The Chicken Sandwich War of 2012

I did not plan to comment on the Chick-Fil-A situation, but I greatly underestimated its longevity in the national consciousness.  For whatever reason, this story continues to resonate.  So here’s the Chicken Sandwich War from where I stand.

Last week, the House of Representatives passed a bill authorizing a full audit of the Federal Reserve.  (The Senate version, S202, is tabled indefinitely.  Direct your inquiries to Harry Reid.)  That night I flipped through the television news channels to see how this legislation would be covered in the mainstream media.  While I expected a negative reaction from the pundits, I did not expect what I actually found — almost complete silence on the matter.  What national emergency had pre-empted this crucial discussion about the role of central banking in the United States economy?  In short, chicken.

Let me say that I respect those who act on their principles.  If adjusting your Chick-Fil-A consumption to either boycott or support the restaurant is a meaningful stand for you, then that’s fine with me.  But this is not a news story.  It’s not even a real discussion about same-sex marriage. It almost became a news story about the powers of local government when mayors started to ban Chick-Fil-A from their cities, as the question could’ve been asked, “Under what circumstances can mayors ban private businesses?  Is religious belief an appropriate basis for such action? What are the logical consequences of such a policy?”  But not enough people actually asked those questions, so once again we are left to argue over chicken.

I made this plea on Twitter in 140 characters, but let me write it properly here.  I know that the Chicken Sandwich War seems important now, whichever side you support, but in a month nobody will remember that it even happened.  No real policy is shaped by this exercise.  Meanwhile, significant events continue to occur.  If you aren’t as interested in the fate of the Federal Reserve audit as I am, then there are still plenty of wars, fiscal issues, monetary issues, and personal liberty issues that are worth discussing.  In fact, have a real discussion about same-sex marriage if that’s on your mind.  But please, let’s stop using fast food chicken as a proxy for marriage.  It doesn’t make us think seriously about marriage.  It only makes us hungry.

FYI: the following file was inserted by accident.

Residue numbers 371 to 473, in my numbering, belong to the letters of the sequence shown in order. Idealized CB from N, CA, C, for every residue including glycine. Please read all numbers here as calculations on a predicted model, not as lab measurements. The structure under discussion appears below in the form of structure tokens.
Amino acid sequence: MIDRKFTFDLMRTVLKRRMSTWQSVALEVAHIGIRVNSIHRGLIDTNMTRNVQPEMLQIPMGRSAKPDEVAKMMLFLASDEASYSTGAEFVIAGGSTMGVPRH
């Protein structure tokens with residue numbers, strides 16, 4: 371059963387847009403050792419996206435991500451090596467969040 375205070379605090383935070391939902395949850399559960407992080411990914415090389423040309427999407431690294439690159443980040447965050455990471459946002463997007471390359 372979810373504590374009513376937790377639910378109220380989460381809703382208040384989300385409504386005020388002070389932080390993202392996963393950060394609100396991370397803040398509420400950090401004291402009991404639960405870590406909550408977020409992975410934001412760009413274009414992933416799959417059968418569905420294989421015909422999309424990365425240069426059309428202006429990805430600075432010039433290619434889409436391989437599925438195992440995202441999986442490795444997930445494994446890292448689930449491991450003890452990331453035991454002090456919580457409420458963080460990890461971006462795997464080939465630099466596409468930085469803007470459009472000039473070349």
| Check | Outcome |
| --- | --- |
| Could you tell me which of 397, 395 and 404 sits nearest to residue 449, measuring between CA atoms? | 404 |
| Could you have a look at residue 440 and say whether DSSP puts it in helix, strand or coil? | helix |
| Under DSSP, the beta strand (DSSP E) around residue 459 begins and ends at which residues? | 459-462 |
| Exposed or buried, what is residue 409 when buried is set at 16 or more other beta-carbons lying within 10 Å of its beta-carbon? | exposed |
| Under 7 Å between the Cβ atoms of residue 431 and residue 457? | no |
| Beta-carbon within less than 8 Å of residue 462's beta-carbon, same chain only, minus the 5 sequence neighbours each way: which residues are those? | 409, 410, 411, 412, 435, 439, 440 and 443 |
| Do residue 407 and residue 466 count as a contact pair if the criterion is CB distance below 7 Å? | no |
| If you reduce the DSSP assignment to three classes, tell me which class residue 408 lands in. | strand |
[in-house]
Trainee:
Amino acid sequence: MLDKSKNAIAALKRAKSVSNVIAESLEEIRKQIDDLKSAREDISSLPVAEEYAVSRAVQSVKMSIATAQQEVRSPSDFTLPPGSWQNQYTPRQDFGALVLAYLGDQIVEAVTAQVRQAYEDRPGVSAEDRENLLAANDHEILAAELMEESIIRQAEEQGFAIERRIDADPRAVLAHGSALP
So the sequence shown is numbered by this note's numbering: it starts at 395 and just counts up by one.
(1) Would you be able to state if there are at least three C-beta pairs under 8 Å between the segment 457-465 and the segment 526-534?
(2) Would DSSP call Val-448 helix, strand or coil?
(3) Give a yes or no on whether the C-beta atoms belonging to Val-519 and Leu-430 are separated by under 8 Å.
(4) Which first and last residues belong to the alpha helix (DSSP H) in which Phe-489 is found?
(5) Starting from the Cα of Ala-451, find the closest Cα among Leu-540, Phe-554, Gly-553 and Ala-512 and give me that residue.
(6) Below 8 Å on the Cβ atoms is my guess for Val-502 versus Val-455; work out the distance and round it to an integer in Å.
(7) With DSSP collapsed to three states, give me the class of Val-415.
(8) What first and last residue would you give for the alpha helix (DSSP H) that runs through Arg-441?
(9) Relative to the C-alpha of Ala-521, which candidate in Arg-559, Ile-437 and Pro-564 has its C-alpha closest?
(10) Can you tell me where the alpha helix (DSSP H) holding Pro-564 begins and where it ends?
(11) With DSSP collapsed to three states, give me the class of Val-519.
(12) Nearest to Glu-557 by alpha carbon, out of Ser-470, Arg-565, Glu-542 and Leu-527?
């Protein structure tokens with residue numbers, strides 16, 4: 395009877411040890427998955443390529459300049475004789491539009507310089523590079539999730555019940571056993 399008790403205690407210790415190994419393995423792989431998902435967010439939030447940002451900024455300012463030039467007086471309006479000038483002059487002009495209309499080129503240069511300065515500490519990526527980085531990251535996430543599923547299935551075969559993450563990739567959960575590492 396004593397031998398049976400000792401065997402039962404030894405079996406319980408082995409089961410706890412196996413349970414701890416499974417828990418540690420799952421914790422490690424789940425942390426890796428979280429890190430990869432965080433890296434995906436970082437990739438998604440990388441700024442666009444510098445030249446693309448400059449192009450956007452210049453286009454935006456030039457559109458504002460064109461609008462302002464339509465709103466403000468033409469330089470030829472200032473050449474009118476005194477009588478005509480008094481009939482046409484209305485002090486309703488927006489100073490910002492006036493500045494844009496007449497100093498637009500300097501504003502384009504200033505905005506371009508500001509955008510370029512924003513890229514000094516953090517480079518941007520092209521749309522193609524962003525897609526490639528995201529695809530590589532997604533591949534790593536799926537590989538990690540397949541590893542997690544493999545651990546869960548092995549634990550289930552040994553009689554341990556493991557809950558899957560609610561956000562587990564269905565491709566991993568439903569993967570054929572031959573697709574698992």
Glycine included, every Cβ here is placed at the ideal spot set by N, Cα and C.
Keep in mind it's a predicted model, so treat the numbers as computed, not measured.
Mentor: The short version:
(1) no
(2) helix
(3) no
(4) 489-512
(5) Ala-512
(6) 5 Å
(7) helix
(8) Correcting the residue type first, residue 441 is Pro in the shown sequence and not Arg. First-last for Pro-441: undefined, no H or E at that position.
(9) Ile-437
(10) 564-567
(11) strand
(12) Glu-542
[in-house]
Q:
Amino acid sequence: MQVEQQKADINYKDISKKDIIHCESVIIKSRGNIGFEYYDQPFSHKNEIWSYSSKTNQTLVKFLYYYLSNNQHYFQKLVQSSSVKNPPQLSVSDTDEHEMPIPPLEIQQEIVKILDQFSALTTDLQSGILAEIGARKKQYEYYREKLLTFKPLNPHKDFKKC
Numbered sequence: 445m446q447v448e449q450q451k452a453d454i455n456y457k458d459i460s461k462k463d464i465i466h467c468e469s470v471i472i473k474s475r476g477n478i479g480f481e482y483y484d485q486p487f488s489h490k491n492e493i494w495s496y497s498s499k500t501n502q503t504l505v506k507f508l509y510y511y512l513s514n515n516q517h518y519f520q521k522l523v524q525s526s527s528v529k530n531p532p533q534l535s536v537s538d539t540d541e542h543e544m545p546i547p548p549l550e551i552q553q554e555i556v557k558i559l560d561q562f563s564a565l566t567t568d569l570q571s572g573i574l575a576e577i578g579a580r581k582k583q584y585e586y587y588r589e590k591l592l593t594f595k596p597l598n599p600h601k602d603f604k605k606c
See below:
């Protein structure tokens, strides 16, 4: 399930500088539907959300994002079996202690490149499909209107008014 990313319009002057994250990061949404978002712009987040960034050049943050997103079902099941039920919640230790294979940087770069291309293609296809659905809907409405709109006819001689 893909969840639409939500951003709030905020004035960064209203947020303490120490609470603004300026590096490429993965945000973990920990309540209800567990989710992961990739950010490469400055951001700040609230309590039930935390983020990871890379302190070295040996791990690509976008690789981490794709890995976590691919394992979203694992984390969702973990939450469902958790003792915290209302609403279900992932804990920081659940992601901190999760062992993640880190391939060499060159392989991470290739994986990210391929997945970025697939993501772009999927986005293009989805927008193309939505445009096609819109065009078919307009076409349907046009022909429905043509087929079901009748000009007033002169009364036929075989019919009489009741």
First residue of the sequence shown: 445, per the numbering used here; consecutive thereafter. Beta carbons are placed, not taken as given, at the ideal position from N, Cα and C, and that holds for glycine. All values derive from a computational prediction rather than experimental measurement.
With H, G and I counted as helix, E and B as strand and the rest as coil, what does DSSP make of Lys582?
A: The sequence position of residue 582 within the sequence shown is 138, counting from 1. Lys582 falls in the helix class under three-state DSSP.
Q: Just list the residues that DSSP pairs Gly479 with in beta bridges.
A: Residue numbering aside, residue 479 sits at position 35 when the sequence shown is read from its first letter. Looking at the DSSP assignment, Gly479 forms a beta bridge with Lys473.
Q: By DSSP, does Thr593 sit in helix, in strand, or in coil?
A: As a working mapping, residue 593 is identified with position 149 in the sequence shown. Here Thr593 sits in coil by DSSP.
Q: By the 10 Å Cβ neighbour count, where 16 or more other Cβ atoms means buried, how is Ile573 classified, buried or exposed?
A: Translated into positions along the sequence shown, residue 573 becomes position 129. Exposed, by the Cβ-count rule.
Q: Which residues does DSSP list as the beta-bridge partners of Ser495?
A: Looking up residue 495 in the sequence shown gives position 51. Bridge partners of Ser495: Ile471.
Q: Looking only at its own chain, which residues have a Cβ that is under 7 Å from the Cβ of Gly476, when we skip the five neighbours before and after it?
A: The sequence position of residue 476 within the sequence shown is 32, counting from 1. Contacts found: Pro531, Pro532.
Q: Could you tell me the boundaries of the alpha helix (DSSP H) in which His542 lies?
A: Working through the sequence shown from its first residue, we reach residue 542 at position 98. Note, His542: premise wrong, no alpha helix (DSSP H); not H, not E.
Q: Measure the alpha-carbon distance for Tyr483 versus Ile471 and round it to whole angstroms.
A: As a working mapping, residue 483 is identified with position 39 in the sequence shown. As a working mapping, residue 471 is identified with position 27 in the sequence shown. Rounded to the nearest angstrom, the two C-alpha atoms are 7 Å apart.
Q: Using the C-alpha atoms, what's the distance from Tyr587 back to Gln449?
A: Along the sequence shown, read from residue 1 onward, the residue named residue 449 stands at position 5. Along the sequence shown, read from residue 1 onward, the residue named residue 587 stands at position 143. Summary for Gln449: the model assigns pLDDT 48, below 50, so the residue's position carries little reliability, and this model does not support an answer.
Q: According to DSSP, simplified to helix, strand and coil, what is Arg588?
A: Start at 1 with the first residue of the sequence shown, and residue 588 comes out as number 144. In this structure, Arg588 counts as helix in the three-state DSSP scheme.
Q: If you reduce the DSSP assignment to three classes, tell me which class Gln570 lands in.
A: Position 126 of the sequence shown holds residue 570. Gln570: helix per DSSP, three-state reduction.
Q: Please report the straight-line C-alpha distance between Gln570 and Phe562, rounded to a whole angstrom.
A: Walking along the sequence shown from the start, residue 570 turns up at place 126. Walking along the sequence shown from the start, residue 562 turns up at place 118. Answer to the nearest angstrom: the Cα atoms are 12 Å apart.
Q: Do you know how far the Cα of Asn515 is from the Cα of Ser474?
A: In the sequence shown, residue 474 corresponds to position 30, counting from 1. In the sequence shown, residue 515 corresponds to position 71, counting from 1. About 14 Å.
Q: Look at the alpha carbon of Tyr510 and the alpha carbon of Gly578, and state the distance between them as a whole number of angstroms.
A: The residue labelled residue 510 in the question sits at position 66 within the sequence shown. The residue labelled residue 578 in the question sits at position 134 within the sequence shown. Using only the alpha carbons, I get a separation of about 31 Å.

“A bank is always inherently bankrupt.”

“[A bank’s] liabilities… are due instantly, on demand, while its outstanding loans to debtors are inevitably available only after some time period, short or long as the case may be.  A bank’s assets are always ‘longer’ than its liabilities, which are instantaneous.  Put another way, a bank is always inherently bankrupt, and would actually become so if its depositors all woke up to the fact that the money they believe to be available on demand is actually not there.”

— Murray Rothbard, The Mystery of Banking, page 99, discussing a peculiar feature of fractional reserve banking.  Italics are Rothbard’s.

The book is available for free at http://mises.org/document/614 .  Select PDF File or eBook.

Hello Blogosphere!

Well now it’s official… I’m #justablogger too.

I am a mathematician by day, and a supporter of the movement for greater liberty and smaller government in the United States.  I have recently taken to Twitter ( @EricNumeric ) as a means of expressing these ideas, but not everything worth saying can be summarized in 140 characters.  By creating this blog, I will be “at liberty to say” what needs to be said, unconstrained by a character limit.  Yet Twitter is an important tool in its own way, so the @EricNumeric account will remain active for now.  I am not a high-volume tweeter; I try to make every word worth your time.

Over time I will certainly describe how I came to believe what I do about the role of government, and discuss some of the events and thinkers that influence my perspective.  But to write this narrative from start to finish would take dozens upon dozens of pages, so inevitably it must instead emerge in pieces as each piece becomes relevant.

Of course I am still learning and refining my viewpoint as I read and listen and observe.  At times I will share what I read and learn.  Likewise I will comment on current events.

If you choose to read the blog, you can expect intellectual honesty — everything I write is correct to the best of my knowledge.  When errors are made, I will do my best to correct them.  On the other hand, the purpose of this blog is NOT to argue with people.  I may or may not respond to comments, and this does not necessarily reflect my opinion of the comment.  Factual corrections (with proof) and polite discussions are welcome, regardless of whether I respond.  Vitriol and outright factual lies are subject to deletion.